Entertainment

Marc Summers was the face of ‘Double Dare,’ where slime and trivia ruled. Behind the scenes, he ‘was battling OCD while hosting the messiest game show on the planet.’

Marc Summers always encouraged his game show audience to “take the physical challenge.” Now, he’s taking the emotional one.

The 72-year-old television personality, best known for hosting the Nickelodeon series Double Dare from 1986 to 1993, is bringing his life story to the stage in an off-Broadway production The Life and Slimes of Marc Summers.

“It’s part game show, part memoir and all heart,” Summers told Yahoo Entertainment on the same stage where he’ll be performing for the next 16 weeks. Behind him is an enormous prop nose equipped with thick glasses and over-the-top eyebrows, similar to the one he shared the stage with during his Double Dare days.

The prop nose on the stage for “The Life and Slimes of Marc Summers.” (Kelsey Weekman)

The one-man show mimics the style of Double Dare, too. The children’s game show pitted two teams against each other with trivia questions, rewarding points to the team with the right answer. When stumped, a pair could “dare” the other team to answer the question instead, avoiding a penalty. But the other team could then “double dare” the other team to answer. If both teams punt the question, they can “take the physical challenge,” competing in comically messy games. They might have to beat a timer to pull as many flags as they can out of a giant, slime-filled nose, or smash dozens of eggs against their foreheads.

Some of those iconic games appear in Life and Slimes, and audience members get to participate. Stepping back into a host role, Summers guides them through kooky games. In one, a contestant operates a makeshift catapult to fling a whipped cream-covered pie at another contestant, who must catch the pie in a pair of oversize pants provided to them.

Amid the fun and nostalgia, Summers weaves in stories about battling obsessive-compulsive disorder (OCD), beating cancer and surviving a life-altering car accident.

“I was battling OCD while hosting the messiest game show on the planet,” Summers told Yahoo Entertainment. “During rehearsal, I broke down a couple of times because I talked about things most people never discuss.”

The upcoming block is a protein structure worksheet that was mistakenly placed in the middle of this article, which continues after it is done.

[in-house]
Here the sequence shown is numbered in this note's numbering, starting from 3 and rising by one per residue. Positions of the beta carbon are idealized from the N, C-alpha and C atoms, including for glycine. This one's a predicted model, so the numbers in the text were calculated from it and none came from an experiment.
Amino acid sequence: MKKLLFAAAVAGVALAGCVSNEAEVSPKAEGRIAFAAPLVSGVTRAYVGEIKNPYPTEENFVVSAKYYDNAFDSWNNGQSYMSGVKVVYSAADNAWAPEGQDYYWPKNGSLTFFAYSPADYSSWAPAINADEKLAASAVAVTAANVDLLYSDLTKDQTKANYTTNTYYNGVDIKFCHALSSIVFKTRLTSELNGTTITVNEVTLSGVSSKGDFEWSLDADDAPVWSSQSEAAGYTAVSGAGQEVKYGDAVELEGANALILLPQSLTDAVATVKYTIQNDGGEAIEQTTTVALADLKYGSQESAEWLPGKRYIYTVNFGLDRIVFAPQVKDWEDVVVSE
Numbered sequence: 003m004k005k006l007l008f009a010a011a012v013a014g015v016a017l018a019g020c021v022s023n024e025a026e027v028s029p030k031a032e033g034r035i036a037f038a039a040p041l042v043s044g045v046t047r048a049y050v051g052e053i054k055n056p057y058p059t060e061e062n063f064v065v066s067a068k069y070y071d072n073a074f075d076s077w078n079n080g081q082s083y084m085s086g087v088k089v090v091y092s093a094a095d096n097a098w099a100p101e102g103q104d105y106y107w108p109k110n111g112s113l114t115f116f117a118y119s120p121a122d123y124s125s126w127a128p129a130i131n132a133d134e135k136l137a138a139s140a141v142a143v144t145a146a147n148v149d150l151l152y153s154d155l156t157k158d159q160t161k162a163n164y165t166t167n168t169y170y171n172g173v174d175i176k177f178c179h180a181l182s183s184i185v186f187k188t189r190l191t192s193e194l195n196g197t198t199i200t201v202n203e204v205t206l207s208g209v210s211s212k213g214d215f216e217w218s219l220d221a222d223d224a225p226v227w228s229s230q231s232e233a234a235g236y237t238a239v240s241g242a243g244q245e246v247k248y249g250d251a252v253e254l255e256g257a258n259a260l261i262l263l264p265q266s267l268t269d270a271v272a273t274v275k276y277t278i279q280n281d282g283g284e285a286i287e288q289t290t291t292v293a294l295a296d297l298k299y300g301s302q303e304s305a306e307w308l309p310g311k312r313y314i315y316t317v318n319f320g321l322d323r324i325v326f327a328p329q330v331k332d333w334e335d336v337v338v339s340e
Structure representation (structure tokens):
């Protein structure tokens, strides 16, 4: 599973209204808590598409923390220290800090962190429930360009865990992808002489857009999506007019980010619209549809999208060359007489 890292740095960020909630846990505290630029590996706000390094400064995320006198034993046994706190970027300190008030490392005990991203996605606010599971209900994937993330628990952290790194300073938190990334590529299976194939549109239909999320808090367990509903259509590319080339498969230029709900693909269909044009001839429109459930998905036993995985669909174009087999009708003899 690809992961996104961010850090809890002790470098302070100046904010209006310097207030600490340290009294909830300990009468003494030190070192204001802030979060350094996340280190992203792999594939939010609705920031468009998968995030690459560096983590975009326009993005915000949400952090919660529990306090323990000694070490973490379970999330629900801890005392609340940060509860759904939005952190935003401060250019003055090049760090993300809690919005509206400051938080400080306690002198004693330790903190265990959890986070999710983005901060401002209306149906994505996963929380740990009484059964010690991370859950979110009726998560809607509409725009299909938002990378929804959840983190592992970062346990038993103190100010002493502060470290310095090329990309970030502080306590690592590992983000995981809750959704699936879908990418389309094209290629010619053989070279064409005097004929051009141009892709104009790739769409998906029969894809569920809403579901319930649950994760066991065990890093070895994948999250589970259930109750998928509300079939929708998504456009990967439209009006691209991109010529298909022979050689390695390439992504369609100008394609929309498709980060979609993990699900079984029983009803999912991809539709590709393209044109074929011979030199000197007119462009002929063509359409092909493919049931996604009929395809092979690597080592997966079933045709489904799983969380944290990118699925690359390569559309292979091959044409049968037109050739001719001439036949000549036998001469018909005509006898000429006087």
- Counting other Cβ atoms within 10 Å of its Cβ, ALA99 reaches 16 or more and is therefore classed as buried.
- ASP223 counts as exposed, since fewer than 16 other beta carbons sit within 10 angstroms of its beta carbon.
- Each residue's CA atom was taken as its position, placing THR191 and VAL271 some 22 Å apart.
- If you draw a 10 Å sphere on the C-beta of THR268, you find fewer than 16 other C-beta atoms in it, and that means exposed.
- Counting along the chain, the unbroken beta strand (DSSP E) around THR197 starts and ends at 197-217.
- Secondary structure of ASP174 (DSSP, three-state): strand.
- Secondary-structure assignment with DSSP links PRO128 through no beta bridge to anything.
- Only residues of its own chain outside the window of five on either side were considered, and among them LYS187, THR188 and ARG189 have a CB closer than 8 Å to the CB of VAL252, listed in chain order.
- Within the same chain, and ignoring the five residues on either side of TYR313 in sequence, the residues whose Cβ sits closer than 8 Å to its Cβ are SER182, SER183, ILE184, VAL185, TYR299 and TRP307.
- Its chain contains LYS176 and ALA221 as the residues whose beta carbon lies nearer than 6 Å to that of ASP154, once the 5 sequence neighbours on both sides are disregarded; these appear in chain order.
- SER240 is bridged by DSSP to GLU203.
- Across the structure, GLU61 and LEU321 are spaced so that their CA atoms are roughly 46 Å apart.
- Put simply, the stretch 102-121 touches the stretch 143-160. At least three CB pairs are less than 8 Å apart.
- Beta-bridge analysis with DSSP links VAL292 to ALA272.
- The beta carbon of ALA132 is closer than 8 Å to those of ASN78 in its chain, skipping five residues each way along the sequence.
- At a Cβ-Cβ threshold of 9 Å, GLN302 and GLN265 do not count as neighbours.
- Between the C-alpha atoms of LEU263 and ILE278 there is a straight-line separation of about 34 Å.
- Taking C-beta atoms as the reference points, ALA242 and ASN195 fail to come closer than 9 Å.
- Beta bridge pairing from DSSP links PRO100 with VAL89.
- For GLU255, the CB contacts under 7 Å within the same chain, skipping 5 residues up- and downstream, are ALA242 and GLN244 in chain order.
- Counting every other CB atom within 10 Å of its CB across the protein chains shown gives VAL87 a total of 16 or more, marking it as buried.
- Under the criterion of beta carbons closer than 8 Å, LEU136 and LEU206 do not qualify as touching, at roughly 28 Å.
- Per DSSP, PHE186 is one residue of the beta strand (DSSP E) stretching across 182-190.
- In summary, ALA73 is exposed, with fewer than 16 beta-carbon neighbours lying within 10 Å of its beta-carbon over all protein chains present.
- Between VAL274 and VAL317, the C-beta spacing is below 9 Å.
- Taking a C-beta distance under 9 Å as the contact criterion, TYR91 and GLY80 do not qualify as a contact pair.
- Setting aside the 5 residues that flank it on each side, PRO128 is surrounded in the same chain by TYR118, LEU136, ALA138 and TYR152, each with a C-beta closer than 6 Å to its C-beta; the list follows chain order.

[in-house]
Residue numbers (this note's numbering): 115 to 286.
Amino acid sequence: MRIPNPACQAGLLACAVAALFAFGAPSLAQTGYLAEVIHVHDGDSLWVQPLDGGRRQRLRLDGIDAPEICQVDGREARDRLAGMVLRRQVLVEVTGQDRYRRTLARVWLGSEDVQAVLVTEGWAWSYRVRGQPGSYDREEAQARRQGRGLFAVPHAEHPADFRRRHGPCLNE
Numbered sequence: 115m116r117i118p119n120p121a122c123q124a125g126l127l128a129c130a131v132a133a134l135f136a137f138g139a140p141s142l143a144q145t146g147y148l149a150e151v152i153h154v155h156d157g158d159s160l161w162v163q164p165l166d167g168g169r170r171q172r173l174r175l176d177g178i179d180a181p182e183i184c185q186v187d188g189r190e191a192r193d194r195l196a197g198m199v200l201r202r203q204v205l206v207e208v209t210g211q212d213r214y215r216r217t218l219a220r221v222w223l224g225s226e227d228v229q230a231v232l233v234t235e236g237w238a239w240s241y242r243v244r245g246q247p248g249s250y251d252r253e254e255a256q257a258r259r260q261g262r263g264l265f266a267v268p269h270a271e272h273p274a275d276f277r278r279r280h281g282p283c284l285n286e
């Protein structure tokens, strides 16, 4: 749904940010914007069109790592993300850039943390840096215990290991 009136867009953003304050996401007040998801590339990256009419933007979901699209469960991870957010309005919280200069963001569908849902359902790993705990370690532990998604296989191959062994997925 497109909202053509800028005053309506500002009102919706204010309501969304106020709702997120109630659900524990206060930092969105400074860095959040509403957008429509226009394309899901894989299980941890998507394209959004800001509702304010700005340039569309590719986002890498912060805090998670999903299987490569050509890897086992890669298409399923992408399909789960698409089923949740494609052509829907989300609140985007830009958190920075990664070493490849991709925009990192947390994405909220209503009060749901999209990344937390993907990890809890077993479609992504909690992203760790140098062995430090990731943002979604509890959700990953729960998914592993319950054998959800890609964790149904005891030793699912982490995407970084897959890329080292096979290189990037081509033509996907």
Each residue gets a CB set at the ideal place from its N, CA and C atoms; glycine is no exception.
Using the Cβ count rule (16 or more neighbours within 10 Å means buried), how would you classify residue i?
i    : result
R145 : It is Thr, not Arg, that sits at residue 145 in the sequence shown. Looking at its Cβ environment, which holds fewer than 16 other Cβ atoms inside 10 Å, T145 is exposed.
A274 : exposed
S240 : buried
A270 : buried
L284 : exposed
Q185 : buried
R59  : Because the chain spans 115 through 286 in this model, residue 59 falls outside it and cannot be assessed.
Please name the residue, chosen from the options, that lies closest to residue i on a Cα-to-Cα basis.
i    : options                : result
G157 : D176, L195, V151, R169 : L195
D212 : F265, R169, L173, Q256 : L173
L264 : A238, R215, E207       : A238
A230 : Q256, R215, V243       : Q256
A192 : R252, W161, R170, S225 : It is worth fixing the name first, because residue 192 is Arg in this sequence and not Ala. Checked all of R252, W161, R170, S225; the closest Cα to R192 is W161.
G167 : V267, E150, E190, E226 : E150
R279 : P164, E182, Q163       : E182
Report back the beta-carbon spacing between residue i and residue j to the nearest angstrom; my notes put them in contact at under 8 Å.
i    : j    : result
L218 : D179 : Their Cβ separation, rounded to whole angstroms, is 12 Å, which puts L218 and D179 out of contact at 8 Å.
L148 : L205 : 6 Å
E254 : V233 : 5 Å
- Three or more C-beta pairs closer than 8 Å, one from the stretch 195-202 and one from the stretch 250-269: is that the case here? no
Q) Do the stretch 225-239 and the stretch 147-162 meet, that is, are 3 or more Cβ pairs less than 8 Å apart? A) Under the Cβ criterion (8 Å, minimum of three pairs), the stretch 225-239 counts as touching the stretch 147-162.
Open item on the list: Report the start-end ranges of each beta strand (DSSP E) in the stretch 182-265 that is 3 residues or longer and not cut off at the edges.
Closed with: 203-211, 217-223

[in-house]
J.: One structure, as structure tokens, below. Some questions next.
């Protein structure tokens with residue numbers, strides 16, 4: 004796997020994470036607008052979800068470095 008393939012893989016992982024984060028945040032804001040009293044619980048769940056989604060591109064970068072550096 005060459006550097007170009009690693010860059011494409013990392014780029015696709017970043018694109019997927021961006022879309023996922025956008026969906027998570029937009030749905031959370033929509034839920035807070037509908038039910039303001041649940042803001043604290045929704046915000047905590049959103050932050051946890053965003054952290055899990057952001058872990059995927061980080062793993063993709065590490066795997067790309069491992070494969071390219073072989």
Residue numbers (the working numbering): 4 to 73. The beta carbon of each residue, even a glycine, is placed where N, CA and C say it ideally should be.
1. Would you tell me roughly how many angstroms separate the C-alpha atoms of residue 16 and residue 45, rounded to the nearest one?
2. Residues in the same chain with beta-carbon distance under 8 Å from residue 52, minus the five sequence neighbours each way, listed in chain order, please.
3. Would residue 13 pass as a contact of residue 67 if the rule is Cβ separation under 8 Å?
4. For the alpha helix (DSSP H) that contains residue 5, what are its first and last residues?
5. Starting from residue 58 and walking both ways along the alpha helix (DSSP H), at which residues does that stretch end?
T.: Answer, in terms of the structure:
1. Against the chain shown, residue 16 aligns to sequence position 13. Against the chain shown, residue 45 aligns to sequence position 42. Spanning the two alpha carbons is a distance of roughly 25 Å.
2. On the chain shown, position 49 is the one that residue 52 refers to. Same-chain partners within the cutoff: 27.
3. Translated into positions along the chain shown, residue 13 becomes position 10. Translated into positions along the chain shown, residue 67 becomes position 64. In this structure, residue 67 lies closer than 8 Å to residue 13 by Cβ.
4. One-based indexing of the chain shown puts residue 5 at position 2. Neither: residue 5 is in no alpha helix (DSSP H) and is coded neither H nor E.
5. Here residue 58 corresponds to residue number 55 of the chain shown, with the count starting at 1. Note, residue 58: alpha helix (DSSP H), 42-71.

A pie-flinging contraption.

A pie-flinging contraption plays a major role in “The Life and Slimes of Marc Summers.” (Kelsey Weekman)

Summers has had the “theater bug” since he saw Fiddler on the Roof on Broadway as a teenager, but he decided to start pursuing it a decade ago after facing some of the physical challenges he talks about in Life and Slimes. While acting in a local New Jersey production of Grease, he met Drew Gasparini, who helped Summers bring his life story to the stage.

“We had two-and-a-half minutes of collective stage time, so we spent a lot of time hanging out backstage,” Gasparini told Yahoo Entertainment. After their Grease run ended, those backstage chats turned into other outings involving Gasparini’s friend, Alex Brightman.

“One day I said I wanted to do a one-man show, and Alex Brightman said ‘You could never do a one-man show, you’re not compelling,’” Summers recalled. “And I said, ‘What the hell do you know about me?’”

For the next year and a half, Summers went to dinner with Gasparini and Brightman, and they grilled him about his life. A few months later, they handed him a script for a one-man show.

Brightman is credited as the show’s writer and Gasparini is its composer. Nickelodeon and Viacom were not involved in the making of Life and Slimes, but the show taps into the fond feelings that people had for that era of television.

“If you’re not laughing, smiling, crying or being entertained, you will also have a sprinkle of, I think, the most intangible, valuable thing in life: nostalgia,” said Chad Rabinovitz, the show’s director. “Come see the show. Lots of boogers, kids,” Gasparini added.

Summers told Yahoo Entertainment that it’s a bit uncanny to be remembered for something he did more than three decades ago when he’s lived so much life since then, hosting multiple long-running Food Network shows and raising a family. He doesn’t mind using nostalgia to get people in the door as long as they leave with something more than that.

“Double Dare” host Marc Summers instructs a contestant during an episode. (© MTV/Courtesy of the Everett Collection)

“Some people hang around after the show to talk to me about their OCD, and they all mention how hard it is even now to be open about it,” he said. “The whole purpose of life is to pay it forward … if I can perform and help people work through their issues, that would make me really happy.”

He wouldn’t mind if Life and Slimes got him some other stage gigs, either. He still thinks about how he was turned down for the role of “Old Joe” in Waitress a few years ago for “playing it too young.”

“I’m hoping someone will see this 72-year-old guy and say, ‘He might be good in that part,’” Summers said. “’Til then, I’m having a ball.”


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